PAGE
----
This effect is only possible if the grapefruit is off-the-vine freshly squeezed. For most of our mixologist, this is something that simply won't be possible.


 
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telescopes
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Joined: May 06, 2007
Posts: 567
From: Palm Springs
Posted: 2007-09-02 3:03 pm   Permalink

According to Beachbum Berry's website, grog mix is essentially an allspice syrup, i.e. pimento liqueur? His recipe for a Trader Vic Navy Grog is as follows:

Into a cocktail shaker pour
3/4 ounce fresh lime juice,
1/2 ounce grapefruit juice,
3/4 ounce allspice syrup, and
1 ounce each dark Jamaican rum and Demerara rum.
Shake well with lots of crushed ice and pour into a double old-fashioned glass.

My question is, how is this one different than the one we've been discussing?

Navy Grog

3/4 oz. lime juice
3/4 oz grapefurit juice
3/4 oz honey (okay, there is one difference - allspice syrup instead of honey
1 oz light PR rum - Another difference
1 oz Demerara rum

Any thoughts on the use of allspice syrup instead of honey?

By the way, on another discussion board that I've bumped next to this one,

Martiki wrote:

The restauant recipe is juice from 1/2 lime, 3/4 oz grapefruit, dash simple syrup, 1/4-1/3 oz rum grog concentrate, and then the rum. This is where some of the locations differ. Emeryville uses 1 oz silver, 1 oz gold, 1 oz dark- all Trader Vic's brand. SF uses 1 oz gold, 1 oz dark and 1/2-3/4 oz Lemon Hart 151. The rum grog concentrate is MUCH different than the retail version. TV is not supposed to sell it, so I suggest you head to Atlanta- that's quite a coup.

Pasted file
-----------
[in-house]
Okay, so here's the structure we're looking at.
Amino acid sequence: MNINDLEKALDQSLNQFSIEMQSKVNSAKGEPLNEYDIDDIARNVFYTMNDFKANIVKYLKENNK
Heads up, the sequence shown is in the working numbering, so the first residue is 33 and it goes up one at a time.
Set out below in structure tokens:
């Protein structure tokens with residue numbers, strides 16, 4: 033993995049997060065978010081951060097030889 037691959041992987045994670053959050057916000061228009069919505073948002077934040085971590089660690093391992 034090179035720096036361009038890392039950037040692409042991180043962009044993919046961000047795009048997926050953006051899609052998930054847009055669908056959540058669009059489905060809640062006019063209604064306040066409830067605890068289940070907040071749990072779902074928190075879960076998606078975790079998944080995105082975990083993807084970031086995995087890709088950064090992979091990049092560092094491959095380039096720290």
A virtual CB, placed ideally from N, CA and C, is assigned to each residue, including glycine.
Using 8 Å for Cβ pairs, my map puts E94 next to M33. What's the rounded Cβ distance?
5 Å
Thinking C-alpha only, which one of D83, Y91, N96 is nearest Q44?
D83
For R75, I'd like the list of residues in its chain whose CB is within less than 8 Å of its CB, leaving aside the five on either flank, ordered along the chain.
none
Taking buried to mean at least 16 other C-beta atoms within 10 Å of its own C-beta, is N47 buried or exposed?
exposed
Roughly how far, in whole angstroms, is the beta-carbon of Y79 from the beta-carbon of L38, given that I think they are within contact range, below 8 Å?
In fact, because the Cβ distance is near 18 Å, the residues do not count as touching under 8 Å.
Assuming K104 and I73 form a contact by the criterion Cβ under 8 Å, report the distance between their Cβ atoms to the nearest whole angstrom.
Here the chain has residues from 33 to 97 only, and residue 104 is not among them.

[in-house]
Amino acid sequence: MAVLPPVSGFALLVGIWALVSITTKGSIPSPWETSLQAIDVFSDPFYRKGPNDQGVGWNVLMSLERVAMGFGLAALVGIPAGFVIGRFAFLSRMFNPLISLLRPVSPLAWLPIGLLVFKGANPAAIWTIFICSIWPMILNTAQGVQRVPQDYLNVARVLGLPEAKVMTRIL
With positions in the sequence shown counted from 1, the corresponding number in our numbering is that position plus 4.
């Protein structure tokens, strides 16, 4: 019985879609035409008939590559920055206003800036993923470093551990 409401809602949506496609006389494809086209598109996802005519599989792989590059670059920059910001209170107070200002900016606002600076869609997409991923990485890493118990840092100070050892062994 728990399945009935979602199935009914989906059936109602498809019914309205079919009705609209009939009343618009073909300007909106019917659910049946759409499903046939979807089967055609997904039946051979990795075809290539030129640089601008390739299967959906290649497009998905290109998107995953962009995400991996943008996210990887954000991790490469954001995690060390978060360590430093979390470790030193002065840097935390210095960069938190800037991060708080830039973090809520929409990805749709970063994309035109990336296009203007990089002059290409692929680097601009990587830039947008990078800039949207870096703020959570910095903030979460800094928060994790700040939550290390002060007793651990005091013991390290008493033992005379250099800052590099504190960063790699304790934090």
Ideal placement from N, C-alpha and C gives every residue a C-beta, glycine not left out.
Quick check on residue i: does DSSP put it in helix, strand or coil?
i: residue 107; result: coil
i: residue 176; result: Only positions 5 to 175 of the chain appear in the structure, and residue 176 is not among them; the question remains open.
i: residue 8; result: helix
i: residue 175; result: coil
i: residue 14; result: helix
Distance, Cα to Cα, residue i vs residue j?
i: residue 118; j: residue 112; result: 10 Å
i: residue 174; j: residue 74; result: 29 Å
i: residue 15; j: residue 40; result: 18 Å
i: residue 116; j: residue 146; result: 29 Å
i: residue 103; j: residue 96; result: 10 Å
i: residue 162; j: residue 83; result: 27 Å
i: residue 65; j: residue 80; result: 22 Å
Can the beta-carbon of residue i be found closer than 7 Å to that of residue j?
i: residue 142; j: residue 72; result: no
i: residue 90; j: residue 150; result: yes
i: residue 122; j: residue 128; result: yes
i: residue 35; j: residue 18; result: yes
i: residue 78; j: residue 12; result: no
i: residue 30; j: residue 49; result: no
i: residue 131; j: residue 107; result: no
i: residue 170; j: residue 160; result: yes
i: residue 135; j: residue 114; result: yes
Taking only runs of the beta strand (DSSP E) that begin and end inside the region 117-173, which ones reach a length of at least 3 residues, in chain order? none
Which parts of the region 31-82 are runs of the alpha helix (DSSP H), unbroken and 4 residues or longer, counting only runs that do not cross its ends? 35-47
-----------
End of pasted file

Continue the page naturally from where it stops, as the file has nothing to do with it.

[ This Message was edited by: telescopes 2007-09-02 15:08 ]


 
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VampiressRN
Grand Member (8 years)  

Joined: Nov 23, 2006
Posts: 5772
From: Sun City Lincoln Hills (NorCal)
Posted: 2007-09-02 4:34 pm   Permalink

First off....let me make it perfectly clear, I am not a connoisseur of all the individual ingredients as most of your are. Rum drinks are not my favorites as they typically give me a headache, but I do like and appreciate a well made rum drink. Mostly my goal is to make good drinks that my party guests will like. So far, I have done OK with my Mai Tais (just a little adjusted from the Grog Log).

I have a party coming up and want to make Navy Grog, but will need to do some substitutions, so appreciate your help. I have the following substitutions, but not sure about the Demerara?

~Lime Juice = I use Nelly & Joe's Famous Key West Lime Juice
~Grapefruit Juice = I will get a good name brand
~Honey = will use what I have (it is a new bottle)
~Light Puerto Rican Rum = will probably use Cruzan
~Dark Jamaican Rum = will probably use Meyers
~Demerara Rum = [what would be a good substitute?]
~Club Soda = I usually buy Schweppes


 
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Scottes
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Joined: Feb 18, 2007
Posts: 490
From: A Little North Of Boston
Posted: 2007-09-03 05:41 am   Permalink

I see no real problems with everything you're using.